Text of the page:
The 25th International Symposium on ALS/MND began today in Brussels, Belgium. More than 900 delegates joined the opening session to hear Dr Alfred Sandrock from Biogen Idec’s opening talk.
The only proven drug for MND is riluzole. This is the only treatment to have passed all stages of clinical trial testing, showing it to be both safe and beneficial in MND. New treatments are desperately needed, but what is needed to advance a treatment that has shown promise in animals to humans?
One of our Association’s mission statements is to fund and promote research that leads to new understanding and treatments, and brings us closer to a cure for MND. Dr Sandrock’s opening presentation relates directly to this statement, asking ‘what can we learn and how do we move forward?’
Before we even start…
Clinical trials are the ‘gold standard’, ensuring that potential new drugs are both safe and beneficial for a specific disease. It is only by passing clinical trials that a drug can truly prove that it is beneficial in humans.
Before the clinical trial process even begins, researchers need to start by identifying a ‘drug target’.
By targeting this specific protein, or the process that leads to self destruction, researchers can develop targeted treatments that prevent this process from happening, with the ultimate aim of slowing or delaying the disease.
The first step of designing and testing a drug begins in ‘cellular models’ of MND. Today, these cellular models can be induced pluripotent stem cell (iPSC) derived human motor neurones, creating a model of MND ‘in a dish’ (find out more about this technology here). By testing potential drugs on cells the researchers can quickly see whether they survive longer and whether or not a drug may be beneficial.
After testing a potential new drug on cellular models, researchers then need to test on animals. These are most commonly flies, mice and zebrafish. Potential drugs are first tested on animals (this way any drug that is potentially unsafe is screened out at this initial stage). Testing a drug on cells can only tell us so much, how a drug acts in a complete ‘animal’ system can tell us so much more.
Phase I clinical trials are the first stage, assessing safety only in a small number of people (10-20). Once a drug is shown to be safe it then enters Phase II clinical trial testing to find out if the drug is safe and well-tolerated in a larger number of people living with the disease (100s). During Phase II testing the researchers also aim to identify the best dosage of the drug, as well as the most optimum delivery method (eg via intravenous injection or tablet form).
The next stage is Phase III. This is where the researchers trial a drug to find out if it truly is beneficial against the disease. This involves hundreds to thousands of people, and if a drug is found to be beneficial it can then apply for regulatory approval.
Regulatory approval is the process where a drug goes from a trial drug to a treatment. If the regulatory body is satisfied with all the clinical trial data (in Europe this is the European Medicines Agency), the drug can then go on to be marketed. However, even at this final stage (known as Phase IV) the drug company will still collect data.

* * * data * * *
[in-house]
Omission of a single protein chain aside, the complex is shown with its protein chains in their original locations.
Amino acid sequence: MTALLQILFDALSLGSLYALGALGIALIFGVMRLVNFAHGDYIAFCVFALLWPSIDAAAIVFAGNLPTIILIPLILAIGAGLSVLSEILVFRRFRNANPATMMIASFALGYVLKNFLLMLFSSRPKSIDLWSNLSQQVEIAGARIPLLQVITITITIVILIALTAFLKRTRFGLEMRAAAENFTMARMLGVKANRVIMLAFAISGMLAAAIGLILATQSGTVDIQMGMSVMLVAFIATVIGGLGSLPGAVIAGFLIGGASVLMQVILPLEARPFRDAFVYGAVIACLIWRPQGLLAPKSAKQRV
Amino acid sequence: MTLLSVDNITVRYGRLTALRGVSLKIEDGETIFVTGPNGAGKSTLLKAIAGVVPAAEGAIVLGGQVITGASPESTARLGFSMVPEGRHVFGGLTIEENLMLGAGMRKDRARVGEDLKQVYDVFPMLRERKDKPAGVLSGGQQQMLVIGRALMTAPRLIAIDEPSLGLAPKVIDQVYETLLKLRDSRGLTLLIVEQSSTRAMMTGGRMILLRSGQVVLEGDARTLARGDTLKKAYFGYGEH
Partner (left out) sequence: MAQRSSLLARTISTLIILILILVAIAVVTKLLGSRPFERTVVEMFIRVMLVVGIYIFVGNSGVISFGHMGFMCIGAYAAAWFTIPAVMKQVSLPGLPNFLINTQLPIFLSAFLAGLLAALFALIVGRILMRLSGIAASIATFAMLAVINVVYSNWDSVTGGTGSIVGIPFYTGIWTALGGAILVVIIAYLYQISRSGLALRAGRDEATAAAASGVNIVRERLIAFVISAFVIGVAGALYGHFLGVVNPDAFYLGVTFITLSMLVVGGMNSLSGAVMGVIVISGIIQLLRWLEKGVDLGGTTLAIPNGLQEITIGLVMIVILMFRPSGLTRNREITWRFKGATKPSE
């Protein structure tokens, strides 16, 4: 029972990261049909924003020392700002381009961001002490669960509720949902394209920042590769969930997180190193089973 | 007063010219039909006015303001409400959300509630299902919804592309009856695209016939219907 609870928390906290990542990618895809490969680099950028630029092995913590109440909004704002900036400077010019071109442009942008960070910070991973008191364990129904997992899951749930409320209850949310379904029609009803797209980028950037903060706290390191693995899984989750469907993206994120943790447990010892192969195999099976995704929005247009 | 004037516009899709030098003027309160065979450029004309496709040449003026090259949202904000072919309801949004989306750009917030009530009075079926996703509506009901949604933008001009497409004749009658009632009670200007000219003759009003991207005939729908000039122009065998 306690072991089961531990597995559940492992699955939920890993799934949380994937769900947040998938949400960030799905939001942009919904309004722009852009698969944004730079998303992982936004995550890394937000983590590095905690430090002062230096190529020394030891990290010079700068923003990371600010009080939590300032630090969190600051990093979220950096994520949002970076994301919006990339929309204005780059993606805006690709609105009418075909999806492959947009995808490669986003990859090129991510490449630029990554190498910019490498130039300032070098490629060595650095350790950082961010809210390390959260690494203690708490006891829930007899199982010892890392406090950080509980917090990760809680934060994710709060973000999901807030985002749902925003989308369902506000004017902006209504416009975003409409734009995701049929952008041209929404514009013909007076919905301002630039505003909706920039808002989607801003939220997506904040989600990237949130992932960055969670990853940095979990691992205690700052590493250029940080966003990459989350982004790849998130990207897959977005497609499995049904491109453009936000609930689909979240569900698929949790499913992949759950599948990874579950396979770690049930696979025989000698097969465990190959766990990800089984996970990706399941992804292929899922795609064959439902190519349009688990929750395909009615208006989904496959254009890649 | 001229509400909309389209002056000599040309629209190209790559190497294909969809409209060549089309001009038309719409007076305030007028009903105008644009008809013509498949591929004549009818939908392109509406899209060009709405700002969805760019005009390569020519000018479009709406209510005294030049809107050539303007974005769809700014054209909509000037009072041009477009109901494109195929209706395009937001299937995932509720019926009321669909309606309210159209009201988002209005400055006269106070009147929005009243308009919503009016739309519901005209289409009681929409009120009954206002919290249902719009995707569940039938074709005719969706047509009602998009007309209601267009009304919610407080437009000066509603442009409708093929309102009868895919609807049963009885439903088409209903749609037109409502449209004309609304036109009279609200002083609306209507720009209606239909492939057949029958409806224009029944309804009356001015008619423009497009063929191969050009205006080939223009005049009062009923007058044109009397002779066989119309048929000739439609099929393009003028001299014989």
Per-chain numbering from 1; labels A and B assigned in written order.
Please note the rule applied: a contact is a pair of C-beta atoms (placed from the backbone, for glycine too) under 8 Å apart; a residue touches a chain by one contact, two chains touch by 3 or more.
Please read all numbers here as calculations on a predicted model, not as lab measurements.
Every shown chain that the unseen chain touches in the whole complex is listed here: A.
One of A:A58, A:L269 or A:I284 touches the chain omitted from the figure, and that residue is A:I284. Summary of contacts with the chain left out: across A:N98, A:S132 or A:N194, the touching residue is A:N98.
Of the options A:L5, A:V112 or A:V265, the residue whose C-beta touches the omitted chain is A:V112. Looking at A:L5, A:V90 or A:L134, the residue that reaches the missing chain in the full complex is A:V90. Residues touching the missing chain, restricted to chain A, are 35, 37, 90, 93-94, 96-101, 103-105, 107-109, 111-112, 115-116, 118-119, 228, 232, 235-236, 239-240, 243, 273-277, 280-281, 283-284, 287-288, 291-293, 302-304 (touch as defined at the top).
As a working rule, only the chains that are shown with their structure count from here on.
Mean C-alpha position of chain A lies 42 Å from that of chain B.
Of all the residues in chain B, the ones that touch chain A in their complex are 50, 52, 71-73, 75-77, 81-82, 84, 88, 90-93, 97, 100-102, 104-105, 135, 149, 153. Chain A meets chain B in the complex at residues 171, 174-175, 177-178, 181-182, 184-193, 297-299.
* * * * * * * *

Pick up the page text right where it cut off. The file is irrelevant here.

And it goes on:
What is needed to advance drugs into clinical trials?
Dr Sandrock highlighted that we are really beginning to understand the causes of MND. This is primarily thanks to genetics, which has opened up numerous pathways for us to target with potential new drugs. The next step, developing and conducting phase I and II clinical trials however, still needs some work.
Dr Sandrock emphasised that we are really good at designing phase III trials, but this in-between step seems to be a problem. He highlighted that this is mainly caused by small sample sizes, as well as the variability of disease progression between trial participants.
A way to address this would be to develop an effective biomarker and Dr Sandrock stressed that this is where our primarily focus should be. “If we had a biomarker we could then screen participants with similar disease progression, enabling us to monitor the true effects of a drug.”
Looking to the future
Dr Brian Dickie, our Director of Research said: “The path from the bench to the bedside, is long, dark, and full of many pitfalls along the way. MND has seen a number of drugs that have shown real promise at earlier stages of development fail, with the beneficial effects seen in the labs (or in small trials) not replicated in the larger, definitive phase III trials.
This is because MND is an incredibly complex disease, and we still only understand the tip of the iceberg. We are gaining new knowledge every day, but we also need to make sure we learn as much as we can from past experience if we are to understand MND better and find out what triggers the motor neurones to die. Once we know how this happens we can then go on to develop potentially more effective treatments. It is only by the research community working together in identifying the causes, finding the biomarkers and then developing treatments, that we can achieve our vision of a world free from MND.”
The final word
Dr Sandrock said: “In conclusion, what do we need to advance a drug into clinical trials? The answer is that we need an effective drug, that targets a specific process involved in MND, plus biomarkers. This will then allow us to conduct experiments to test a promising therapeutic hypothesis. Aided by genetics, we are in an era to totally redefine MND.”
We will be reporting on the ‘biomarkers’ session tomorrow (Saturday 6 December) so look out for our live reports then!
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